Your Grocery Glossary
Today’s food consumerism is definitely not what it used to be 10 years ago. Whether for good or bad, much of the food that we enjoy today we owe to some very cool advancements in science and technology. Although large commercial food chains and manufacturers are still very much in business, recent surveys show a steadily climbing number of adult Americans practicing more health-conscious eating habits.
While, of course, any shift towards a healthier lifestyle is generally a good thing, more recent and larger consumer studies found that a considerable chunk of people from all over the globe have doubts about the food health information made available to them. Just because a certain food chain or product screams “organic,” “fresh,” alongside other heavily-hyped terms, does not necessarily mean you’re in the clear to consume it regularly or in large quantities.
In fact, by the end of this post, you may realize that most of what people know about food labels is riddled with inaccuracies, and that making healthier food choices does require a bit of thinking. OK, it requires a lot of thinking – oftentimes an amount most consumers do not have time for when deciding where or what to eat. Hence, the importance of a better understanding of what all these healthy-sounding food labels on attractive packaging really mean.
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Organic or USDA Organic
This is the highest-regulated term to grace food items. It essentially means at least 95 percent of ingredients were organically produced, with the remaining 5 percent belonging to a USDA-approved list. This also means the product is free of antibiotics, pesticides, growth hormones, sewage sludge-based fertilizers, petroleum, or any ionizing radiation, and bioengineering.
Organic products comply with strict federal regulation standards, which may explain the higher price point. The only difference having the USDA label makes is, it certifies the producer has met the USDA’s three-year pesticide-free standard.
There is also a difference with “Made with organic ingredients.” This means the item is made of at least 70 percent organic ingredients, and that none of its components went through any radiation or sewage sludge-based fertilizers.
Natural or All-natural
Unfortunately, this label is regulated pretty loosely, as it only means the food does not contain any artificial coloring, flavors, or anything synthetic. It’s also worth mentioning that even though “all-natural” sounds better, it’s no different than plain old “natural.”
Cage-free, Free range, and Pasture Raised or Pastured
This is where technicalities really come into play. “Cage-free,” commonly claimed by eggs and poultry, literally means the birds were not kept in cages. This may sound like a nice upgrade, but it only means they live in a “roomy” box – which is on average a square foot. These birds are also not required to be kept outdoors.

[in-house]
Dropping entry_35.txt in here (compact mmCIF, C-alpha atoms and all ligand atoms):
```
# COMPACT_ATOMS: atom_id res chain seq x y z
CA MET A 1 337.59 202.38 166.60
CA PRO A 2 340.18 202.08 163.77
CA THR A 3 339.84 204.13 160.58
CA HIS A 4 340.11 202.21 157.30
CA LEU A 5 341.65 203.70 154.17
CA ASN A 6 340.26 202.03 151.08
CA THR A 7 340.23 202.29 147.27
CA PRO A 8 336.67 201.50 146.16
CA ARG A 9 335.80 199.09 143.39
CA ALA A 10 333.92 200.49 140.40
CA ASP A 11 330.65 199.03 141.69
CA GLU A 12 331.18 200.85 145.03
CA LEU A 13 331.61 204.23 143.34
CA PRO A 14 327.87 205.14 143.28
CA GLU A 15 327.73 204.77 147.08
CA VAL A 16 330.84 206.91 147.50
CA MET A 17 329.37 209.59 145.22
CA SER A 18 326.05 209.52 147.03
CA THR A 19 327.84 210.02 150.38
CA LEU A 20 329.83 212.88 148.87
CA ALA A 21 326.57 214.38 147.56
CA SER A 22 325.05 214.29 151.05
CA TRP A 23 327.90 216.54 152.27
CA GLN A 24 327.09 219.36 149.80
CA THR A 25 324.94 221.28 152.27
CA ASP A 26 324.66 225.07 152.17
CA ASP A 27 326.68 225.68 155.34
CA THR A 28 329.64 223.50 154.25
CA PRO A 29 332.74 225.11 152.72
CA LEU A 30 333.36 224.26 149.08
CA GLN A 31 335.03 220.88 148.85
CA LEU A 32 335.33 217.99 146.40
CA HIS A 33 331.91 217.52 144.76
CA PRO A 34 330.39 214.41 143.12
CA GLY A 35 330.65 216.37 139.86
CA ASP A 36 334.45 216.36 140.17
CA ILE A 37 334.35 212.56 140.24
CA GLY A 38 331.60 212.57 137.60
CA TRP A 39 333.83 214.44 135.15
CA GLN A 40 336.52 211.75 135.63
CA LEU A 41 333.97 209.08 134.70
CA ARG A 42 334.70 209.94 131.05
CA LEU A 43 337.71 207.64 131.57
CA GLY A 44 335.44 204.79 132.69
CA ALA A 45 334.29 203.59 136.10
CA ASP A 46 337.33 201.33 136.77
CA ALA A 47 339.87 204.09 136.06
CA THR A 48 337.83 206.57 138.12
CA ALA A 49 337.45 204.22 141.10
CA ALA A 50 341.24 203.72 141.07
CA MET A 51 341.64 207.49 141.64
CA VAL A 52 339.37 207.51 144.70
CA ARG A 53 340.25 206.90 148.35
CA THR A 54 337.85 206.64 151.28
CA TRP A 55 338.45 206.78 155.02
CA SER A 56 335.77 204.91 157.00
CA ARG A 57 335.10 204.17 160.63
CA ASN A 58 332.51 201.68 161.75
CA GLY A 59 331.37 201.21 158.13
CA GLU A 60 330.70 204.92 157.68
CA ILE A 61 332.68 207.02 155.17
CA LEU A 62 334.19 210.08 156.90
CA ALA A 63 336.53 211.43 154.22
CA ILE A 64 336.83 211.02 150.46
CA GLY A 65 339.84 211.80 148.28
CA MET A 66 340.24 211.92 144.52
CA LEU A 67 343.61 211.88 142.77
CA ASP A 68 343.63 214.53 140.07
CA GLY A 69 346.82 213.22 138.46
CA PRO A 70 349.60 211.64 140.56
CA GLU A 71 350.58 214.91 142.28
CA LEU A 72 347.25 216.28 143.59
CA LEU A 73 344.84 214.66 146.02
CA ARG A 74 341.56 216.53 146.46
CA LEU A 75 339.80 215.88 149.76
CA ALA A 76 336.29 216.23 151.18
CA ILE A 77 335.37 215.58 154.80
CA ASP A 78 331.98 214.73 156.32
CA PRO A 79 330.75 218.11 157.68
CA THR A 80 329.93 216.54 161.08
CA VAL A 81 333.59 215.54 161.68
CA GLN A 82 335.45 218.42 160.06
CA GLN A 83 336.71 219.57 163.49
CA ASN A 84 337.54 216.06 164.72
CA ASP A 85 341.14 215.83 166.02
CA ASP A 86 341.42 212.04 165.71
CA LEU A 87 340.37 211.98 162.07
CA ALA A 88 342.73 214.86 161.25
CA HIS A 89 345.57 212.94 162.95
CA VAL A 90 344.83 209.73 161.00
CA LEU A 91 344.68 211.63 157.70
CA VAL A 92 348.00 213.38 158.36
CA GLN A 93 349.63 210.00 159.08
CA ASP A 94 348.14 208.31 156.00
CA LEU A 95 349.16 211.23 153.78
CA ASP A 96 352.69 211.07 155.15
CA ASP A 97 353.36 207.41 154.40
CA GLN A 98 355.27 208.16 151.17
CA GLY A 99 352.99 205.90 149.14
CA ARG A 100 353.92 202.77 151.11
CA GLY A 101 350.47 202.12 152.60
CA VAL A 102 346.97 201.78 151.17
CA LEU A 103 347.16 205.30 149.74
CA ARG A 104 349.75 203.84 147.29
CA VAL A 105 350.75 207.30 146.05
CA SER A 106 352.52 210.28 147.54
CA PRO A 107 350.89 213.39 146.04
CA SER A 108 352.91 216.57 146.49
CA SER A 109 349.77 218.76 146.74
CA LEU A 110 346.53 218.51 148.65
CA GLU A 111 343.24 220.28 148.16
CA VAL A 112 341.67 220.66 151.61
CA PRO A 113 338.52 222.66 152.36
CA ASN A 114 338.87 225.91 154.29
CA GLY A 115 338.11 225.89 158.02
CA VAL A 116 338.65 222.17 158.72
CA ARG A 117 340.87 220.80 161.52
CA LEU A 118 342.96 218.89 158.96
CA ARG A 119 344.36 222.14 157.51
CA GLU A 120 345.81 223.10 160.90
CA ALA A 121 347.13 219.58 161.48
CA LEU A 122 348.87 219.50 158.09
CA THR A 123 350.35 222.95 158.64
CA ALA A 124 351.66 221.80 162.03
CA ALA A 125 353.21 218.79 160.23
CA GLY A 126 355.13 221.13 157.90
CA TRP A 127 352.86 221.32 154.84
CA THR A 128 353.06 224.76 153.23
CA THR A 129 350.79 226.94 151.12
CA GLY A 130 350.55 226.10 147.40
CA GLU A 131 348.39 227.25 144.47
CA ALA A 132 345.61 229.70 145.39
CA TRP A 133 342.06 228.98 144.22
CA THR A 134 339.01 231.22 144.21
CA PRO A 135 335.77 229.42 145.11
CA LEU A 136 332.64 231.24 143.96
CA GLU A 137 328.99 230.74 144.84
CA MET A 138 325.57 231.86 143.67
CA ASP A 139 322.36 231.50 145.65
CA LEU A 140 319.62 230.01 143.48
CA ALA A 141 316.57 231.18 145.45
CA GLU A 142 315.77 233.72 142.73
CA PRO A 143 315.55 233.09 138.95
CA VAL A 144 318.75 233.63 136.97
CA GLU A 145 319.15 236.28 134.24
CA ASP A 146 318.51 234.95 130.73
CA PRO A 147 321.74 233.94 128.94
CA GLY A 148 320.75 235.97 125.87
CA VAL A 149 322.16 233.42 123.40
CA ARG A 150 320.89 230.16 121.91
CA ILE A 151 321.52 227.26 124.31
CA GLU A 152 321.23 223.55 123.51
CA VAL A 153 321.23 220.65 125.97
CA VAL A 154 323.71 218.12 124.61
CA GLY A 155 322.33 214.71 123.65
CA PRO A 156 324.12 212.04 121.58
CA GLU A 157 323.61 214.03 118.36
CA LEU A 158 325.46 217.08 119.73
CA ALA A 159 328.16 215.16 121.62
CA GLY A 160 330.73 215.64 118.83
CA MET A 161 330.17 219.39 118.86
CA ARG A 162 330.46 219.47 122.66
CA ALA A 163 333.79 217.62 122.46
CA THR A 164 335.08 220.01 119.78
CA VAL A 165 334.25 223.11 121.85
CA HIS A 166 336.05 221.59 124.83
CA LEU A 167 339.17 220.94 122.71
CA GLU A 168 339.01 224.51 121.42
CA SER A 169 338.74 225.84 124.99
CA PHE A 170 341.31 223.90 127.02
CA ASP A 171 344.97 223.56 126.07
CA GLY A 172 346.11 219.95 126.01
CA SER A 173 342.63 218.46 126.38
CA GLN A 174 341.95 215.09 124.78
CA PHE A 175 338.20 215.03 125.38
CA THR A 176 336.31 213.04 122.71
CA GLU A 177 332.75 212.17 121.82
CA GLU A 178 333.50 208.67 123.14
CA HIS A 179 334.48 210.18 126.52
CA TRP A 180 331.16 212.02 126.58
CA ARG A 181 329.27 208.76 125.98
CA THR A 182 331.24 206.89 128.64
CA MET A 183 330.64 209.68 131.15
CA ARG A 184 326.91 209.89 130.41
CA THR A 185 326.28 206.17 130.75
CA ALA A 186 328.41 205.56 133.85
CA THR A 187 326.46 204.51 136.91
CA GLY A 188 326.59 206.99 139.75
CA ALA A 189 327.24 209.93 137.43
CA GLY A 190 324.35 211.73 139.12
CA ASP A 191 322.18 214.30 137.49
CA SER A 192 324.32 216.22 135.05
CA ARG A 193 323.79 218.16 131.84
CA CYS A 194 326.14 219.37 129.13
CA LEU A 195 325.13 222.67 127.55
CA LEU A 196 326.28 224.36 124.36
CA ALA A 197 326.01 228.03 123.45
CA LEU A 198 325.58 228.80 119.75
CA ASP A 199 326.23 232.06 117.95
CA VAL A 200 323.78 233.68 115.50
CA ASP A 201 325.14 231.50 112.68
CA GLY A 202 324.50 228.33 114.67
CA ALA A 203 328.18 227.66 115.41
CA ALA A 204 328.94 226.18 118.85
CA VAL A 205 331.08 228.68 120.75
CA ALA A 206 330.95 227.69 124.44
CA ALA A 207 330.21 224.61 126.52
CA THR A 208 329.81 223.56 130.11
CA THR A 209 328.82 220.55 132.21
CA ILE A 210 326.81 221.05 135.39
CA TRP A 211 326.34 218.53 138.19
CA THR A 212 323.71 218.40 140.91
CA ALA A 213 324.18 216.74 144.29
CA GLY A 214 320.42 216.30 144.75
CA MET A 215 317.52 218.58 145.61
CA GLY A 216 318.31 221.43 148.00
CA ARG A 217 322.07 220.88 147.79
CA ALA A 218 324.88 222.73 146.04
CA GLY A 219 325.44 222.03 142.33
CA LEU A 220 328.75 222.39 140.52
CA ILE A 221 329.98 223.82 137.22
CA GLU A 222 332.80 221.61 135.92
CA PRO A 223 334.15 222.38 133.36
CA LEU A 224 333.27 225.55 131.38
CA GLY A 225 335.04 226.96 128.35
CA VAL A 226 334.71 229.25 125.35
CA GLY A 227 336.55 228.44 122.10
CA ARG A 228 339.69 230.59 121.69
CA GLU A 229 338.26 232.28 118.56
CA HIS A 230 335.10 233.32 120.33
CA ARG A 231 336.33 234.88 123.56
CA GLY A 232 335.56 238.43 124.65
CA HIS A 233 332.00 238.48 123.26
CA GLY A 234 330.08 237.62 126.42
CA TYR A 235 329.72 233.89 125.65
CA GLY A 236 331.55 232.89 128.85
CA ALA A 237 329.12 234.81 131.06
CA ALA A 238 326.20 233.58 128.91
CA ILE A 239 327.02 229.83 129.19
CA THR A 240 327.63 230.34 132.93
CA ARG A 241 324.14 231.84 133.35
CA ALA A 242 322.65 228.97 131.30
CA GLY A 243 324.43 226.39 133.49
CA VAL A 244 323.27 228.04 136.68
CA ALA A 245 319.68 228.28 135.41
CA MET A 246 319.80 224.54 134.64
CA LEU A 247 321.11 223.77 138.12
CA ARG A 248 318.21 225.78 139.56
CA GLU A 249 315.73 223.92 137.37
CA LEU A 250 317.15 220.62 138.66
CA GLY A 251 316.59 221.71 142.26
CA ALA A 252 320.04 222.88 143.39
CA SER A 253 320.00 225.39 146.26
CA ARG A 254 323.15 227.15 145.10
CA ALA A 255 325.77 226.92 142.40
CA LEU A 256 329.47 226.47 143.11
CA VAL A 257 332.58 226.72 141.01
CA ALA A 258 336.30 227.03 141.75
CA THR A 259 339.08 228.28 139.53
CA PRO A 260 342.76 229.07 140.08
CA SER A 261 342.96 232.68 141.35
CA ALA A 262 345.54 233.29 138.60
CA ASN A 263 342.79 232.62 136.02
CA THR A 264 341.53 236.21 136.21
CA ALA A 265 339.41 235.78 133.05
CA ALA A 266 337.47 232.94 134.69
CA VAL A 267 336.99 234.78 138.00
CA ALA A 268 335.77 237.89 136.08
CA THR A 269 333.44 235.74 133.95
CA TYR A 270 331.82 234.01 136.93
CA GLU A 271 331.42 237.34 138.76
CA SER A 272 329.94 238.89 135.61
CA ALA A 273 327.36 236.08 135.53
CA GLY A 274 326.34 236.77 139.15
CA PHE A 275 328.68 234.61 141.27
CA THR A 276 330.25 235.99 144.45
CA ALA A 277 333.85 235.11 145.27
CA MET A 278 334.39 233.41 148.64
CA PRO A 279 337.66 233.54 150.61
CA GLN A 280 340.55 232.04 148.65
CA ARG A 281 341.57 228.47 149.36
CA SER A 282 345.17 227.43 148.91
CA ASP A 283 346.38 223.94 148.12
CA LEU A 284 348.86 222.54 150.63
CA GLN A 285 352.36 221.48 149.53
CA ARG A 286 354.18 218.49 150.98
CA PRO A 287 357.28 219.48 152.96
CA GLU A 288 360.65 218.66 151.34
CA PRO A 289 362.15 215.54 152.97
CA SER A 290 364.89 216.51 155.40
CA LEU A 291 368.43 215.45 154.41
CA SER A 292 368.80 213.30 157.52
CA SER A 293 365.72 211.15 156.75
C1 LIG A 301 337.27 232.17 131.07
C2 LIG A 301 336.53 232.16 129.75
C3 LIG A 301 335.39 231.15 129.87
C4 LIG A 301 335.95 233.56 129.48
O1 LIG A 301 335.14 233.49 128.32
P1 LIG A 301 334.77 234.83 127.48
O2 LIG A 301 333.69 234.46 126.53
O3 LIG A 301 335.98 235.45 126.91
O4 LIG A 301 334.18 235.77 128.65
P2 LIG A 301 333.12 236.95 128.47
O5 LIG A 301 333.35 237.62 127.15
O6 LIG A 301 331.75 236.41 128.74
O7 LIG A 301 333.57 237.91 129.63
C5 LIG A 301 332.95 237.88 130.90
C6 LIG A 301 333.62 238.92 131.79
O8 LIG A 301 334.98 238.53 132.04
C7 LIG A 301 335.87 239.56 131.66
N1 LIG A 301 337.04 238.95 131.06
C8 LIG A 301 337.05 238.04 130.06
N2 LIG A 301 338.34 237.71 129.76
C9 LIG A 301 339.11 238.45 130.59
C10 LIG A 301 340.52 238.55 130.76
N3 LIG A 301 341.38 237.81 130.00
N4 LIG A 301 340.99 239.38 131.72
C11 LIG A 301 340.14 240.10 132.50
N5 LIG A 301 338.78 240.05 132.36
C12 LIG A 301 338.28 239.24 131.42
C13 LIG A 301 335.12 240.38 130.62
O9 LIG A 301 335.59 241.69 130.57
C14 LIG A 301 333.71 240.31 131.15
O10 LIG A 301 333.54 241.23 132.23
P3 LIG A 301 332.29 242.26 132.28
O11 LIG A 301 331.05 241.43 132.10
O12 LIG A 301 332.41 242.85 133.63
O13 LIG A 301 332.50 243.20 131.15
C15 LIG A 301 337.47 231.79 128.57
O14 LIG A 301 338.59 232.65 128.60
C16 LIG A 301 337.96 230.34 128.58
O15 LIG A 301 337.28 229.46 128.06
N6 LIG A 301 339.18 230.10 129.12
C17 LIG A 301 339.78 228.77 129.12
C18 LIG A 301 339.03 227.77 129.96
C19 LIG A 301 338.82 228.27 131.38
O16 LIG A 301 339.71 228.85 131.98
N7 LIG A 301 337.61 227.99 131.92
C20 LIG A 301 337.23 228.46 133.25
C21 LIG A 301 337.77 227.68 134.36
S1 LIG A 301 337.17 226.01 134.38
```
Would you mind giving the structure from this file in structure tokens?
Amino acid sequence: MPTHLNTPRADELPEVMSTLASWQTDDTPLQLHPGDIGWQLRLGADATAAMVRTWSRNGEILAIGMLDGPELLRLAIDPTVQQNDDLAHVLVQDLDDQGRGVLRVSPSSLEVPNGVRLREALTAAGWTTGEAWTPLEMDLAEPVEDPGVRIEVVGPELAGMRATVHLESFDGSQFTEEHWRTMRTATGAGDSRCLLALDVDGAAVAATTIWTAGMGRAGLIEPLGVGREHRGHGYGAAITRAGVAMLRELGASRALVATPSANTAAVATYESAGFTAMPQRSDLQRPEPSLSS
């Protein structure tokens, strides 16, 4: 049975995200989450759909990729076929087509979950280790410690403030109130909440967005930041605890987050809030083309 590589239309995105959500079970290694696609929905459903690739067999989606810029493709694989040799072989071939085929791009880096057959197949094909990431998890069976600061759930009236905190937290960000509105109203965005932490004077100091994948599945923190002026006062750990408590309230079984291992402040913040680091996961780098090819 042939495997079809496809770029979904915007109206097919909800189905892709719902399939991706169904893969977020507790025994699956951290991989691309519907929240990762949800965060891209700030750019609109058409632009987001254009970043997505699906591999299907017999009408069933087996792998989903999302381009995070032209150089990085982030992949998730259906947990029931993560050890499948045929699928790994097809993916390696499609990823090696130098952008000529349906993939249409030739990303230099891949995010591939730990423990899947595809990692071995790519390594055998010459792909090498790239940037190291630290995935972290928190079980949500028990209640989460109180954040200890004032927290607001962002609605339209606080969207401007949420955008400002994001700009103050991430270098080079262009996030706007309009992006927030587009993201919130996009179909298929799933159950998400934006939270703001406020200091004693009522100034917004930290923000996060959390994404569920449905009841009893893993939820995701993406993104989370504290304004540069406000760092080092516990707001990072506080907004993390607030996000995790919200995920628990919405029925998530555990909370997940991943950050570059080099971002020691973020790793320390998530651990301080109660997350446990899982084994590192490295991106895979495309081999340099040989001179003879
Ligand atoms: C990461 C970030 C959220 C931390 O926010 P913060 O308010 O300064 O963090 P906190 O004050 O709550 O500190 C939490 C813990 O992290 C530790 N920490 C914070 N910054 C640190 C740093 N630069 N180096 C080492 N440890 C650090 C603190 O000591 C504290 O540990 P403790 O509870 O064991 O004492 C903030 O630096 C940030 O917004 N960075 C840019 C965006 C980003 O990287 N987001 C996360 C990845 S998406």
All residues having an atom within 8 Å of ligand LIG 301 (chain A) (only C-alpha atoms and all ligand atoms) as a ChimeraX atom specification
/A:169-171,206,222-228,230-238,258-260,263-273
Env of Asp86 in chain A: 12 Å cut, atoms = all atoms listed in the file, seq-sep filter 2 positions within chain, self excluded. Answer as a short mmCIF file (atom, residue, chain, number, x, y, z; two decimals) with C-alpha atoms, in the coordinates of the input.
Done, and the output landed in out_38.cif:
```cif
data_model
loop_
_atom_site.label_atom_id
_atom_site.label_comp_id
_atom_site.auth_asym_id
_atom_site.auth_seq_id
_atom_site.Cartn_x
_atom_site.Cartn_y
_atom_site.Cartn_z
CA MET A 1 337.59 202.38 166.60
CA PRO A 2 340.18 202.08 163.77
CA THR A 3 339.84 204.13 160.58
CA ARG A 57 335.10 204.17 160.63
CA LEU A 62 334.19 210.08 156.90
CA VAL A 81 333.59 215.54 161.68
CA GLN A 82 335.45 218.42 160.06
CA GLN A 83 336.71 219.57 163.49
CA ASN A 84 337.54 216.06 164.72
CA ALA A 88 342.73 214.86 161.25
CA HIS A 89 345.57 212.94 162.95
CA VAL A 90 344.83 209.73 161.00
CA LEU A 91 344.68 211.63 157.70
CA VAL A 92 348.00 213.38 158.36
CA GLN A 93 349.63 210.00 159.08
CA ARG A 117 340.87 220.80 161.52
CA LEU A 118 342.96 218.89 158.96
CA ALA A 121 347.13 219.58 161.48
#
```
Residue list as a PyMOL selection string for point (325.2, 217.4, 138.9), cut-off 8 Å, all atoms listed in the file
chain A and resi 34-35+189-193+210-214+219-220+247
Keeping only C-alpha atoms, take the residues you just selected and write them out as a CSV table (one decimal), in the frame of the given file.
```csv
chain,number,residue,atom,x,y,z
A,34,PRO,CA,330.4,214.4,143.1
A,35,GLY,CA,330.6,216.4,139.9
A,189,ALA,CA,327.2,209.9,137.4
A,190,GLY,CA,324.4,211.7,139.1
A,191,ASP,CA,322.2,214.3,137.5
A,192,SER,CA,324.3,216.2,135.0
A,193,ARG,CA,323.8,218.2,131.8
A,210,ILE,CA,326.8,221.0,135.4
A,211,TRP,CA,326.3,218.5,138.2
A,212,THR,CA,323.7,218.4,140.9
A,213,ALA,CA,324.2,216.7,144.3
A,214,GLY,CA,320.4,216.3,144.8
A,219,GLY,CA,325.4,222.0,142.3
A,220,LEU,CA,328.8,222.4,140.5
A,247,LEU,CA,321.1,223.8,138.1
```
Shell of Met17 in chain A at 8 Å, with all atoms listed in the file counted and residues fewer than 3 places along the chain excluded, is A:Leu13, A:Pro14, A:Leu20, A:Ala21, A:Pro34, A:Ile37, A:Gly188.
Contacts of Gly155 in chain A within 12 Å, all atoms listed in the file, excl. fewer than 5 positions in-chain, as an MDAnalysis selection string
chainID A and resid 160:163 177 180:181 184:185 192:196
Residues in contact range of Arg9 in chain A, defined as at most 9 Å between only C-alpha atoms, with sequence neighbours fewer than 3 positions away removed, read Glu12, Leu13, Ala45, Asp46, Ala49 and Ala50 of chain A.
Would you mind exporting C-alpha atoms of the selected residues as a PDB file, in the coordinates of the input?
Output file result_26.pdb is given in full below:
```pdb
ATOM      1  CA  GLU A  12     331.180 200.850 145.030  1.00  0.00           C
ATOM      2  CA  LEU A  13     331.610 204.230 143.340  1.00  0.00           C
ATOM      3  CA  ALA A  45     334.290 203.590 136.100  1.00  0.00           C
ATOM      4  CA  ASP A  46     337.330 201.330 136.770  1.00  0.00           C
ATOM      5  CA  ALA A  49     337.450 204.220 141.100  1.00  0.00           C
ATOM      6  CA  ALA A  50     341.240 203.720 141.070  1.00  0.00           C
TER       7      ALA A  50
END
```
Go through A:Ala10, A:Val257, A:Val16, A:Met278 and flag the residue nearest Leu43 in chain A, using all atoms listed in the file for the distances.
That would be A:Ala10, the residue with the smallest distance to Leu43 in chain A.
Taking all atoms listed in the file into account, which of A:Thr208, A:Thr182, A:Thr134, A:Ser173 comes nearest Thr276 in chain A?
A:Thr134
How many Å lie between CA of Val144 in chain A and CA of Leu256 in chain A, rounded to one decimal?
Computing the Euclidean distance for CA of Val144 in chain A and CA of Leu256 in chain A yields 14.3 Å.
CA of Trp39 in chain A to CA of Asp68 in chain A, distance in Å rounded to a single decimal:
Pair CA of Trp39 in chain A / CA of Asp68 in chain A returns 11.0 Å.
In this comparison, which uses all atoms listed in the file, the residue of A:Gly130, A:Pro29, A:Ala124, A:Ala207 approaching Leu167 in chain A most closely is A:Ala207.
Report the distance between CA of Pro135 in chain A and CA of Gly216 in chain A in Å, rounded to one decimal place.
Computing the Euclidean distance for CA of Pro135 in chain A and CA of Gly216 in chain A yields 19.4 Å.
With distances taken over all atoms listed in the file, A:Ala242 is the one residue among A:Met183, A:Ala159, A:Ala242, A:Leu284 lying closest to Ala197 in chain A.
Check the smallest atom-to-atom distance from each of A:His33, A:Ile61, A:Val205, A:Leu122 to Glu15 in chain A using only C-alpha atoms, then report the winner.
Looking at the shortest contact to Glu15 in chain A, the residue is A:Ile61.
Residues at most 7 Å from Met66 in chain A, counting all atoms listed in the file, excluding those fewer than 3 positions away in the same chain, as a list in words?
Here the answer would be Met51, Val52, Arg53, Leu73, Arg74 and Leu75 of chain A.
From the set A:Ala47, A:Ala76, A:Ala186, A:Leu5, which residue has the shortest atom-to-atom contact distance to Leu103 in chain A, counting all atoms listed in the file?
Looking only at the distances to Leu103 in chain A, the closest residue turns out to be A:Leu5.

What you’re probably looking for is “Free range”, as it means the animals were not only cage-free, but were raised with access to the outdoors. Oftentimes, however, “outdoors” generally means an open barn door that leads to a small, fenced in, concrete or dirt area. The ideal image of animals grazing freely in a field falls under the labels “Pasture raised” and “Pastured.”
Before one decides to spend a bit more on gluten-free food, the question “What is gluten to begin with?” must be answered. Gluten, in a nutshell, is a protein primarily found in wheat, barley, and rye that is responsible for that thick, stretchy, and spongy consistency in bread, pizza, soups, and sauces. In one word, it is an additive.
For the most part, it is only ever a real problem for individuals with certain digestive tract disorders (such as celiac disease ), but a growing body of evidence suggests all this gluten in the average person’s diet may be one of the factors behind the rising number of cases of digestive disorders. But before you go gluten-free, keep in mind that when the manufacturer takes gluten away, other potentially harmful flavor and texture enhancers will take its place.
Grass-fed and Vegetarian-fed
We are not only what we eat, but we are also what we eat eats. Today’s standard fare supermarket meat was raised on feedlot – a mixture of corn, supplements, and hormones – designed to greatly economize raising the livestock. Forcing a grain diet on animals born to be grass-fed alters their digestive system, which calls for the use of antibiotics in order to prevent disease. Yummy.
When it comes to beef, spend a little more and go for the “grass-fed” stuff, which also boast lower fat content, and higher antioxidant and omega-3 fatty acid levels. For poultry, eggs, and pork, you may opt for “vegetarian-fed” just to be sure these animals did not eat other animals.
Whole Grain or Whole Wheat, and Multi Grain
We can get “multi-grain” out of the way quick because it only really means more than one kind of grain was used to make the product. What a health-conscious person is looking for is the word “whole,” which means the grains or wheat used did not undergo any processing or refinement (Remember, refined sugars are the enemy!). The process retained the outermost, nutrition-packed parts of the grain or wheat.
Low fat and Non-fat
What most consumers fail to realize, when they keep opting for reduced-fat products, is that fat contributes a lot to food’s flavor and satiety. Any reduction in fat content, means the producer may resort to other enhancers to maintain quality. Notice how the sodium and sugar content is higher in reduced fat items?
Committing to more health-conscious eating is one of the best gifts you can give yourself, as nutrition is one of the foundations of disease prevention. As with anything, take time to read the fine print behind bold food labels, as you might be eating more harm than good.
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